Okay. I've mentioned that, and now I can glow and gush about the feminism epic wins. I don't think I need to mention that Jane Lynch is amazing in this, and an absolute scene stealer. The cast is fairly equal in female/male casting proportions, it passes the Beschdel (two named women must talk to each other about something other than a man) very easily, and best of all, the 'external' character, the gamer who sees some of the action going on--is a little girl. The little red-headed girl wears pink and is equally comfortable playing Hero's Duty, Wreck It Ralph, and Sugar Rush. It's so satisfying to see a tiny change like that, something that reflects the world accurately. There was a tiny bit in which two fat male geeks were rude to her and excluded her from 'Sugar Rush', too, which made me wonder if it was an intentional stab at the sexism in gaming.

Part 3: We Can Has Moral Complexity

I just mentioned the Sgt. Calhoun character, and I will again. She bears a second look just to emphasize that she's an ass-kicking woman who isn't made into either a man (her metaphors are hilariously feminine, and she still has a heart) or a mom by the end of the movie. I can't even tell you how happy that made me. Like Vanillope, Calhoun is sassy, and we lose nothing by two witty women in our main cast. Throw in an unexpected romantic path, and you have yet another proof that yes, there is hope for Hollywood after all.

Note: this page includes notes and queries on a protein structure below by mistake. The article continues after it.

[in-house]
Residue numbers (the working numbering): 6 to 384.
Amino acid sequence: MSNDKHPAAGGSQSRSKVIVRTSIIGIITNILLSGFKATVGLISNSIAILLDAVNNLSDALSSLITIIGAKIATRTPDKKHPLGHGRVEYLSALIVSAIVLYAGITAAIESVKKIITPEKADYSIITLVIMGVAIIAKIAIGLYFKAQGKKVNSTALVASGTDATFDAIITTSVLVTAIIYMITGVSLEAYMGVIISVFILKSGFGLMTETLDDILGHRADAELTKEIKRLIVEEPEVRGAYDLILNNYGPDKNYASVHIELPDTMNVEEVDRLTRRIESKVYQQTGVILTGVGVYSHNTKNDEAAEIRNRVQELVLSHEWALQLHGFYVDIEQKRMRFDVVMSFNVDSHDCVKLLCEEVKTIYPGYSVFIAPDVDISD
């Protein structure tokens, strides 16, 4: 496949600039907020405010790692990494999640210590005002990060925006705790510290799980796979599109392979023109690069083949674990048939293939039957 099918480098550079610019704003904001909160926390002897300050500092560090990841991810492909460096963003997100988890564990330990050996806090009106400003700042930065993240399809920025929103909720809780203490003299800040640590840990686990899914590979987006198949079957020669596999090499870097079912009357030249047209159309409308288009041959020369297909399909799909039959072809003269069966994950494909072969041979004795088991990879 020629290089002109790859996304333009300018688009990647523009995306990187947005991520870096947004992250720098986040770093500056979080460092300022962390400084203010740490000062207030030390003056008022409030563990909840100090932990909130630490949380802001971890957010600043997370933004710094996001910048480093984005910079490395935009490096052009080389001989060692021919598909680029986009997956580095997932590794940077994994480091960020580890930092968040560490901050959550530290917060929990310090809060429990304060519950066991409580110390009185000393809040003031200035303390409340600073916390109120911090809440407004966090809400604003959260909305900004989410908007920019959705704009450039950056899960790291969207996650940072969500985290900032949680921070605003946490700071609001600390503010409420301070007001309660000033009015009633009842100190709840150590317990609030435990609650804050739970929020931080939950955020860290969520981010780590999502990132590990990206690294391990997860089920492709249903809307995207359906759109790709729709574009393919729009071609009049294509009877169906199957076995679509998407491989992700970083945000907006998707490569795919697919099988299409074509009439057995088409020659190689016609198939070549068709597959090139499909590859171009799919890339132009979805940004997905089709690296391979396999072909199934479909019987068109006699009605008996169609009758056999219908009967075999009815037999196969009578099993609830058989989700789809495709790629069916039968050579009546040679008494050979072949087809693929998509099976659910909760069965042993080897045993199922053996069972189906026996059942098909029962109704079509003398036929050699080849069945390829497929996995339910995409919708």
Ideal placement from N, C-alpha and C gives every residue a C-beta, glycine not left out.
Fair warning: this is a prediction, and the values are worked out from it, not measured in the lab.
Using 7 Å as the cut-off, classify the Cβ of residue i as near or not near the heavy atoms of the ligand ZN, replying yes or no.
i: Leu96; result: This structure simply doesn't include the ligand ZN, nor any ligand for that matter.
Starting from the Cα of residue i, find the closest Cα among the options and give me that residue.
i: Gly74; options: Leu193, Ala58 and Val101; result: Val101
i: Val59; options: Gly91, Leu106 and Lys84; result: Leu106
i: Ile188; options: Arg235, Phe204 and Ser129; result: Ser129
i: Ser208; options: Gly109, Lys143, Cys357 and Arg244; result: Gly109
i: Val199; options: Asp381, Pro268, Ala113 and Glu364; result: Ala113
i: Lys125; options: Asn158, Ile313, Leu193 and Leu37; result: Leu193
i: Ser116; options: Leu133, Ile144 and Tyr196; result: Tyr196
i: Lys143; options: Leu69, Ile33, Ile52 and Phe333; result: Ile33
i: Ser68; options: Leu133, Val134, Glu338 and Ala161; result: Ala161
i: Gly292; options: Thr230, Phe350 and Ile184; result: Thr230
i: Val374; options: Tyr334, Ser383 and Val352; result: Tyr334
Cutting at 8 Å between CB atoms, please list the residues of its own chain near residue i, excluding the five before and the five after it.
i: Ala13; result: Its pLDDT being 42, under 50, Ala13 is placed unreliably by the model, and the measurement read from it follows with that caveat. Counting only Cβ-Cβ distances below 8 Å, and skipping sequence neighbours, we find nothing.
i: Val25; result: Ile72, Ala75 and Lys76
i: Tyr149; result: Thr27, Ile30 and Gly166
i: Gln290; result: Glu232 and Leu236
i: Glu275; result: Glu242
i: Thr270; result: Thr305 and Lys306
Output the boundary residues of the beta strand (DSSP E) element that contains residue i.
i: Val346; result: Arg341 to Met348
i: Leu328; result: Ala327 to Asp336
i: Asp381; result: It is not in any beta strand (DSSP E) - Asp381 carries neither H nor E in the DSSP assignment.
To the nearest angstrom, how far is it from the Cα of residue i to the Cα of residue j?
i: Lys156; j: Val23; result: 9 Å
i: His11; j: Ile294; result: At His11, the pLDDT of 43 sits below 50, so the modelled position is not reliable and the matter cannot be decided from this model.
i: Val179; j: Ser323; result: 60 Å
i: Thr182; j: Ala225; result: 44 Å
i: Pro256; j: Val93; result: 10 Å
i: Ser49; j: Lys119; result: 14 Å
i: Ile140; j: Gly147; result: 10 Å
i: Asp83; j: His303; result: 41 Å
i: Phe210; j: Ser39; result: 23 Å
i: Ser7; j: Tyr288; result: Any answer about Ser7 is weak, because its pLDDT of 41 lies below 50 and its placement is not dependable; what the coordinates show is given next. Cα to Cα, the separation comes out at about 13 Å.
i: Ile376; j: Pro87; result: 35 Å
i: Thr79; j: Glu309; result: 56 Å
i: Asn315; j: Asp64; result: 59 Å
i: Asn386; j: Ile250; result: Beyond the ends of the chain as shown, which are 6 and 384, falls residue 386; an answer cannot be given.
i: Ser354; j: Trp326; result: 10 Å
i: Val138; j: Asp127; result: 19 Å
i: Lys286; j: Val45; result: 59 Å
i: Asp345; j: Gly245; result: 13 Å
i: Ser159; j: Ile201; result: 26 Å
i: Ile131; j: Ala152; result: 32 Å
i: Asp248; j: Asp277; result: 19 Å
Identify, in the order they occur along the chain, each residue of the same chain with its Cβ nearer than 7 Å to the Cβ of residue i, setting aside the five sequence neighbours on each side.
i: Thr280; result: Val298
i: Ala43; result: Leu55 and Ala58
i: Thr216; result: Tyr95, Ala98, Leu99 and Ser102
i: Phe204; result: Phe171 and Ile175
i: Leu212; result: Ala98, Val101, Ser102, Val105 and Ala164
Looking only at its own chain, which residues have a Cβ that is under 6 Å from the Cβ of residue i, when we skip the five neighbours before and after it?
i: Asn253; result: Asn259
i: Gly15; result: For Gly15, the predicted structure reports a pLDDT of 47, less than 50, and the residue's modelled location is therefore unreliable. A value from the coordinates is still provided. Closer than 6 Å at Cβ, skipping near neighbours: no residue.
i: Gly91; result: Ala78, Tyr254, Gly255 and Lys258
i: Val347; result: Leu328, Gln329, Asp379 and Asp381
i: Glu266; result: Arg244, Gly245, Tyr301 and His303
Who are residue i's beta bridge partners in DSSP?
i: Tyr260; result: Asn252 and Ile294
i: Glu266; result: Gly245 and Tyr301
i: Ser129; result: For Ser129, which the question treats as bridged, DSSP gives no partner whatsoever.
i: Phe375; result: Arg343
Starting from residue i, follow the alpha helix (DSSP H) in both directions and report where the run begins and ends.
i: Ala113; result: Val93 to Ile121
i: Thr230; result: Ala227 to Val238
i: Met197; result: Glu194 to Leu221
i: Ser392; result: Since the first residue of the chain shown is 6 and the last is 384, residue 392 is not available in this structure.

Vanellope von Schweetz is an equal triumph; Sarah Silverman is very Sarah Silverman-y, though, and it's hard to get past. Even without that, the fact remains that this movie has a character with a 'disability', who is almost explicitly treated as a 'special needs' person, and referred to as a 'glitch'. Sure, the glitch turns out to be a superpower, and we have to deduct a half-point for that. Still, the fact that Vanellope is bullied and excluded by the other girls in a very realistic way was actually surprisingly moving.

Finally, I'm going to mention that the eponymous character, Ralph, is the one and only character I've seen in an 'accepting your place in the world' movie who didn't make me want to stab my eyeballs out with forks. I can't really compliment John C. Reilly's performance enough, but the way he stays true to the character's hopefulness while giving Ralph both bitter anger and darkness is brilliant. As well, the candy-car smashing scene that makes Vanellope cry might be one of the saddest fucking things I've seen in a while. I admit it, I teared up in the theatre.

Source. This is actually less sad than what happens when Ralph lies to Vanellope and disappoints her. LESS SAD.

Conclusion: Prognosis is Positive

I said I was going to be balanced, but I have to admit, for its flaws, this movie really swept me up. Sure, it speaks to 'my' subculture, but it also has a really solid story. The Candy Rush set is delightfully rich and well-imagined, to the extent that I was craving candy for the rest of the night. The blended elements are strange and creative enough to make things work. They managed to make unusual, original characters work in a strangely fused world. It's somewhat bogged down by referentials, but it's such a love song to video games that the references really make the movie. I can nitpick further on the equality issues and the feminism, frankly, but the rest of the implementation was very solid. The pacing is excellent, and designs and lighting really fit. There is a lot of love in the small details of this movie. It's a solid 9 out of 10 stars/rings/coins/mushrooms in my book. Stop reading my blog and go buy a lizard-loving ticket, you electric donkey-bottomed fools. Seriously. This is not a film you want to miss.